Since the moisture sorption isotherm is complex and unique to each product type, it must be determined experimentally by measuring water content at several water activity values. Decagon offers a separate instrument, the AquaSorp, that can rapidly generate isotherms, which can subsequently be loaded into the AquaLab Duo.

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Advances and Challenges
Carter said that there really haven’t been any major advances in water activity determination other than using it to predict moisture content automatically. There have been advances in instruments to measure water activity, he said, but the methods are the same.

With regard to moisture content determination, Shelly Schmidt ([email protected]), Professor of Food Chemistry at the University of Illinois-Urbana, said that Karl Fisher titration is still the best method overall for determining the moisture content of intermediate-moisture and low-moisture foods, but it takes a lot of effort and time. It takes 5–10 min to conduct if it’s set up for routine, regular use, such as in a quality assurance setting, she said, but if it’s not for routine use, it can take a good deal of time to set up, since for each formulation the user must decide which solvent system works best.

Schmidt said that there have been advances in the development of rapid methods and instrumentation for measuring both moisture content and moisture sorption isotherms. They are not necessarily brand new, she said, but they are now faster and more reliable. Halogen drying, for example, has an advantage over other forms of infrared heating, she said, allowing the temperature to climb faster and thus shorten the analysis time.

Automated humidity generators can obtain sorption isotherms much faster—in days instead of weeks or months—than the traditional static saturated salt solution method, she said. Research on new formulations involves changing ingredients, she explained, so it’s necessary to determine a moisture sorption isotherm for each. The traditional method uses saturated salt solutions, which requires weeks to months to come to equilibrium. Quite a few companies, she said, now offer instruments that generate relative humidities by means other than saturated salt solutions, thus reducing the time required to hours or days.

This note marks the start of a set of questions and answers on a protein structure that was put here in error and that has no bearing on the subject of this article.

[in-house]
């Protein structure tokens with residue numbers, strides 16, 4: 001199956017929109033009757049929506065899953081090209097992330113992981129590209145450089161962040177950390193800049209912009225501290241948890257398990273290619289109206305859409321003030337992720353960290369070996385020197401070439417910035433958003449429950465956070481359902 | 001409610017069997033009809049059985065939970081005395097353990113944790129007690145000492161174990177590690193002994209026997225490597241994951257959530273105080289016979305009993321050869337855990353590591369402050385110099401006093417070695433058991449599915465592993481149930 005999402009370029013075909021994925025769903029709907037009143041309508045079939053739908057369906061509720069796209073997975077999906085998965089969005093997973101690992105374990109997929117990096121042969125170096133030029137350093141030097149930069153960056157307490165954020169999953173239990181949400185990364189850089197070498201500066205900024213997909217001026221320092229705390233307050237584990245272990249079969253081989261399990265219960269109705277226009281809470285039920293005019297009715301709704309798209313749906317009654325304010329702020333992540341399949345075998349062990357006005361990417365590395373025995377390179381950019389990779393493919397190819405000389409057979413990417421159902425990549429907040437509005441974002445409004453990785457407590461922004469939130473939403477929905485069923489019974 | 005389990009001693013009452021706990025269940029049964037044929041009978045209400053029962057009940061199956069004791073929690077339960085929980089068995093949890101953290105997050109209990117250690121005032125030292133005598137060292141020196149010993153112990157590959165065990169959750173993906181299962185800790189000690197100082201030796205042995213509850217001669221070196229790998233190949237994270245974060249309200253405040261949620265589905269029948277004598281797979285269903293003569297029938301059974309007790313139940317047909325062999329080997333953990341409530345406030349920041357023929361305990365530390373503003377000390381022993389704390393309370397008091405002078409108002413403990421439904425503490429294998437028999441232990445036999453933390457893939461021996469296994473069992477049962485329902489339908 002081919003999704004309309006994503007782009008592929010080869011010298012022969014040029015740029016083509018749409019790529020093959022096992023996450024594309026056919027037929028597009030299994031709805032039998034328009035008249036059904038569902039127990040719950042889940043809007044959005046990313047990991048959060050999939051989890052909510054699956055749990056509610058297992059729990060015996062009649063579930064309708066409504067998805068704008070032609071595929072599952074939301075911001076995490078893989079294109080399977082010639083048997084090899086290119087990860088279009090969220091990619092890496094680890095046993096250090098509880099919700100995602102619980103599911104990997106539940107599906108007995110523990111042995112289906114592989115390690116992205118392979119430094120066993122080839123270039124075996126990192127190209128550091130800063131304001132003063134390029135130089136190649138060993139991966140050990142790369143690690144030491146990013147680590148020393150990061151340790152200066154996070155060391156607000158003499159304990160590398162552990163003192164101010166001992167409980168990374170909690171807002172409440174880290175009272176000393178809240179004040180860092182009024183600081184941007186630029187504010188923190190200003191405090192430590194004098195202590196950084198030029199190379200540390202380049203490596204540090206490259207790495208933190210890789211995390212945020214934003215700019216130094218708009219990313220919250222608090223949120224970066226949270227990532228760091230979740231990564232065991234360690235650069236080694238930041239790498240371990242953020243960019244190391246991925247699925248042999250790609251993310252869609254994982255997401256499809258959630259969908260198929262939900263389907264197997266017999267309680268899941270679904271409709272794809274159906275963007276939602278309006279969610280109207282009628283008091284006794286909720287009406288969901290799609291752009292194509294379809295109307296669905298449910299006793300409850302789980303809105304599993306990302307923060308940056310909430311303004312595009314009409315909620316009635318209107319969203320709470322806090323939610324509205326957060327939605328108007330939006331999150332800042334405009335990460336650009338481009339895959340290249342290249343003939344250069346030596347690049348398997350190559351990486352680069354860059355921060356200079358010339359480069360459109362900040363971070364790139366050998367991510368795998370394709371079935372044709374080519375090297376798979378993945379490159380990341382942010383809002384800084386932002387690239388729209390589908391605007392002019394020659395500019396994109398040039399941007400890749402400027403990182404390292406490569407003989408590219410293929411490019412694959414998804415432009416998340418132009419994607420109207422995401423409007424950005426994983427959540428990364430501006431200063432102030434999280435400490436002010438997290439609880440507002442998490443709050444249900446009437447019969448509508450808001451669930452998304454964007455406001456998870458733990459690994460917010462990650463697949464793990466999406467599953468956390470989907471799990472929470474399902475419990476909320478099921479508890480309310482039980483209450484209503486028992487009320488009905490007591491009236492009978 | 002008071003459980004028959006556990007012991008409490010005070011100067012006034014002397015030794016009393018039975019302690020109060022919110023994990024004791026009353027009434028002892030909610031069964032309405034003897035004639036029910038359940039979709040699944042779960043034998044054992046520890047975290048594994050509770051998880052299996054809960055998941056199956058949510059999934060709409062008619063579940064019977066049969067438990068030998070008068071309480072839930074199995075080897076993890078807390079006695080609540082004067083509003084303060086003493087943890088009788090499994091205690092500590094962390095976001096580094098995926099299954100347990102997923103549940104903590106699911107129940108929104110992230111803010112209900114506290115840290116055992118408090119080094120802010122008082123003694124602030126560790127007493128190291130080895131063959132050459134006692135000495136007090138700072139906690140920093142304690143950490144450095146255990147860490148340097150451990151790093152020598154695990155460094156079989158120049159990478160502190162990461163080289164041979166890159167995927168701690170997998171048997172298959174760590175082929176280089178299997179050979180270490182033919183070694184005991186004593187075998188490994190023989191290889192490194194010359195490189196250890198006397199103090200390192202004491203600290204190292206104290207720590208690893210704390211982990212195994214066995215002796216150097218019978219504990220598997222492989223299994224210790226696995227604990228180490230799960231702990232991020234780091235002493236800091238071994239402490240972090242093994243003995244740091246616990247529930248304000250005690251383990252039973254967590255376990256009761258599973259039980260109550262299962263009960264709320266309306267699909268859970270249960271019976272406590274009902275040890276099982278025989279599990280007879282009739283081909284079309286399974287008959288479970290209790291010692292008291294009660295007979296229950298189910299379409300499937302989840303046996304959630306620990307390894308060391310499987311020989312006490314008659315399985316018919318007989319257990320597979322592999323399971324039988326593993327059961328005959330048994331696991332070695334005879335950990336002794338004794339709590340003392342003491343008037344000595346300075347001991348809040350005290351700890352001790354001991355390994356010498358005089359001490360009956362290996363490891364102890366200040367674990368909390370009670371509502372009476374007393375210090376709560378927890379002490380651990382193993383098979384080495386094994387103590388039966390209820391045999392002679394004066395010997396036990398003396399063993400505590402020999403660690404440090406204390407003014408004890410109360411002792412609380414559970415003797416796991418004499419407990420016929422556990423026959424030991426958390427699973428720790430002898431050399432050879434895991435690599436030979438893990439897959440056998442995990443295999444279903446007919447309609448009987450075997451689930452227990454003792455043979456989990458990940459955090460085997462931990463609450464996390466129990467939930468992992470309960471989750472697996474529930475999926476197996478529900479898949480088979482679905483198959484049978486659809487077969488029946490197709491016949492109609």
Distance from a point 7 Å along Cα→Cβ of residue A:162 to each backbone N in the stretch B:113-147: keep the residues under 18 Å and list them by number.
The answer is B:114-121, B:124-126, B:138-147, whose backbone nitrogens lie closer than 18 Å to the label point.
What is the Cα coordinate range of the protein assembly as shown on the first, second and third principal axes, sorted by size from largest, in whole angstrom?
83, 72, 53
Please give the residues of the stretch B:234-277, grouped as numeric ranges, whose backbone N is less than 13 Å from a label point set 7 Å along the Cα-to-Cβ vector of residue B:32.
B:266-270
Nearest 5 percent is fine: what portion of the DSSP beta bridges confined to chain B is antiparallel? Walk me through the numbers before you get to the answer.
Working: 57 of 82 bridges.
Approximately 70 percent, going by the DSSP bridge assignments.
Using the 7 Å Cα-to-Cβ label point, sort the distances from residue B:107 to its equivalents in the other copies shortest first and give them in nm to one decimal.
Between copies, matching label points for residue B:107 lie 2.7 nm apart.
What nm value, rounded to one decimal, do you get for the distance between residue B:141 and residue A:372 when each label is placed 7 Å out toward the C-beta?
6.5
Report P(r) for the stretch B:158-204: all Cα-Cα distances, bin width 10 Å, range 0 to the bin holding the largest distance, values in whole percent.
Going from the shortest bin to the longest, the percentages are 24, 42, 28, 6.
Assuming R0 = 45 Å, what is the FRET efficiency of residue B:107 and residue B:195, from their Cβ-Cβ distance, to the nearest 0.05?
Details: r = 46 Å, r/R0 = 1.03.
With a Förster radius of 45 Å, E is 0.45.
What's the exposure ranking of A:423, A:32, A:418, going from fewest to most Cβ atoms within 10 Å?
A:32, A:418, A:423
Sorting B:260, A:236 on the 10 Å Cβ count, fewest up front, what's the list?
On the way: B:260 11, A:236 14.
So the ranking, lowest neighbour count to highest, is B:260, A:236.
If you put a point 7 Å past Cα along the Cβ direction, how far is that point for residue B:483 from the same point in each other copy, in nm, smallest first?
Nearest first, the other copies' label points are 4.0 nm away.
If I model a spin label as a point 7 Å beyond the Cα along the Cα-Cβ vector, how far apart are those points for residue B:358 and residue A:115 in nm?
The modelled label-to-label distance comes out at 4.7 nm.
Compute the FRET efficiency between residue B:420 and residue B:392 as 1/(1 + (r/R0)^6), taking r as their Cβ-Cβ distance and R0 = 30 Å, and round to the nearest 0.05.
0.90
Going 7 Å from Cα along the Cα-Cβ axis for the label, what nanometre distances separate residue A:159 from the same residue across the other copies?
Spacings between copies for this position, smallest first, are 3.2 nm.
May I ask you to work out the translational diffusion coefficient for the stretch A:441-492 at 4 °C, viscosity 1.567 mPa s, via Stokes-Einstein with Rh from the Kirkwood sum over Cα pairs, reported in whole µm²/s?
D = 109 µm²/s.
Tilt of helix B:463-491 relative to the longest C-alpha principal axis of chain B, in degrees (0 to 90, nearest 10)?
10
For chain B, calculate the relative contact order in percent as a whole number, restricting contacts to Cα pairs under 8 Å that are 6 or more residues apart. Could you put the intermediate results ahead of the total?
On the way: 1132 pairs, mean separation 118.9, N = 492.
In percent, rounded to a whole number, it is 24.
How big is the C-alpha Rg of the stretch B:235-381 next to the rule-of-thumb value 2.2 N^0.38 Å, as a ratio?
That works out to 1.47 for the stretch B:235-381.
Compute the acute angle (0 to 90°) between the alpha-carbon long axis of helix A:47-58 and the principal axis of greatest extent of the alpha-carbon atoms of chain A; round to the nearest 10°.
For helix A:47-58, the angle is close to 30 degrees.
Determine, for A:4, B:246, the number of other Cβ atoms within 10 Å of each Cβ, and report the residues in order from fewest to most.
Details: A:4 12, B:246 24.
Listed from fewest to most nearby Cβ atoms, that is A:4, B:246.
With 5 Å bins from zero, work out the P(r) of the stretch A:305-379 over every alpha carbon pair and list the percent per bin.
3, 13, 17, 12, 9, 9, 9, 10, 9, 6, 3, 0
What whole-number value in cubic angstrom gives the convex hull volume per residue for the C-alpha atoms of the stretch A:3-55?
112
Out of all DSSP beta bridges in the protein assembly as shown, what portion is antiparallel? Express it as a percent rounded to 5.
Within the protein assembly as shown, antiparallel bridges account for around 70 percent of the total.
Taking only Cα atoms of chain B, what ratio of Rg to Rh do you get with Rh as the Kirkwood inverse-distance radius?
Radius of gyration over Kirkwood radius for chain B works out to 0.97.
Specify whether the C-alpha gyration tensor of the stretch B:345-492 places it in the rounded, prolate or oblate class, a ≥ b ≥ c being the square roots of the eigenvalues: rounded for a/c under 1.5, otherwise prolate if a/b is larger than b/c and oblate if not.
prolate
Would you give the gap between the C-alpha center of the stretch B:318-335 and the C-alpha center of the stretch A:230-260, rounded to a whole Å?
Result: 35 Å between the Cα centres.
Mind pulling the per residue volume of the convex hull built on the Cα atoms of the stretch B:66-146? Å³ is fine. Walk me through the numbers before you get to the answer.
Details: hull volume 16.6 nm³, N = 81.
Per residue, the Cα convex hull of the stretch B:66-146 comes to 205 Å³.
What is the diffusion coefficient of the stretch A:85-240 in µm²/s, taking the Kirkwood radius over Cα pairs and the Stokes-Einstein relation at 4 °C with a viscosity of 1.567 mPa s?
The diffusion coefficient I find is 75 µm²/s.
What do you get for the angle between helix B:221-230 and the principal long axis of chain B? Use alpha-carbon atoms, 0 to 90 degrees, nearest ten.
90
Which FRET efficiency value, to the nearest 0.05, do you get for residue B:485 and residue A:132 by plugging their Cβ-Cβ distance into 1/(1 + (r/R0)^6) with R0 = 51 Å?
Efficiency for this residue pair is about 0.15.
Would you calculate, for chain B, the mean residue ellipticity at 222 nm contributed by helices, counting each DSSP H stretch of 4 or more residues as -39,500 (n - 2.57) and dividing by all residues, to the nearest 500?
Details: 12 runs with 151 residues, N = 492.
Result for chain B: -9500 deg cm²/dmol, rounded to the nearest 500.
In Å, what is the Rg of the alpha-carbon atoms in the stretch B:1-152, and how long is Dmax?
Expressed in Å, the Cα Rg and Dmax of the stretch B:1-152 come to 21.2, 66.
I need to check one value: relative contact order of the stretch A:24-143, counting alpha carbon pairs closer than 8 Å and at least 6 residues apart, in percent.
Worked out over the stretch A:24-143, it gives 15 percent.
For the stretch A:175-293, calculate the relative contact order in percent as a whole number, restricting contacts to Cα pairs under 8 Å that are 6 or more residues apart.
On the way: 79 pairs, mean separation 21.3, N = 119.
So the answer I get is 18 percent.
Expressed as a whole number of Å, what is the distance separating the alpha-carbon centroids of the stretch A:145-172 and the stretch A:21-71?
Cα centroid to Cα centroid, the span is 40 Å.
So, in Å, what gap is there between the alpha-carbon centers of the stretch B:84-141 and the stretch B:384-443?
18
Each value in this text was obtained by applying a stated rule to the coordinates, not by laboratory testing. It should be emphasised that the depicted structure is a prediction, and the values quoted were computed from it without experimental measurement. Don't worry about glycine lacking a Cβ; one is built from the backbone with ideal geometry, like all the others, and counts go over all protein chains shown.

Several companies make automated isotherm generators, Schmidt said, but they are relatively expensive. They have done well in reducing the time to generate isotherms and allow the user to obtain other sorption-related information, such as kinetic data, amorphous content, and heat of sorption, but they require more care than saturated salt solutions. Another advantage is that the user can obtain isotherms over a wide temperature range, whereas before a user needed to buy an incubator for temperature control.

Among other advances, Schmidt added, is the ability to watch a sample in the sample chamber as it absorbs water.

The DVS Advantage System from Surface Measurement System, for example, offers both a video microscope and a Raman port (for insertion of a Raman spectroscopy probe), so one can observe and capture visual and structural information from the sample during the sorption experiment.

One of the challenges ahead, Schmidt said, is determining the moisture content of samples that are high in simple and/or complex carbohydrates and/or fat. Intermediate-moisture foods are the most challenging. High carbohydrate content, for example, leads to thermal degradation and an overestimation of the moisture content.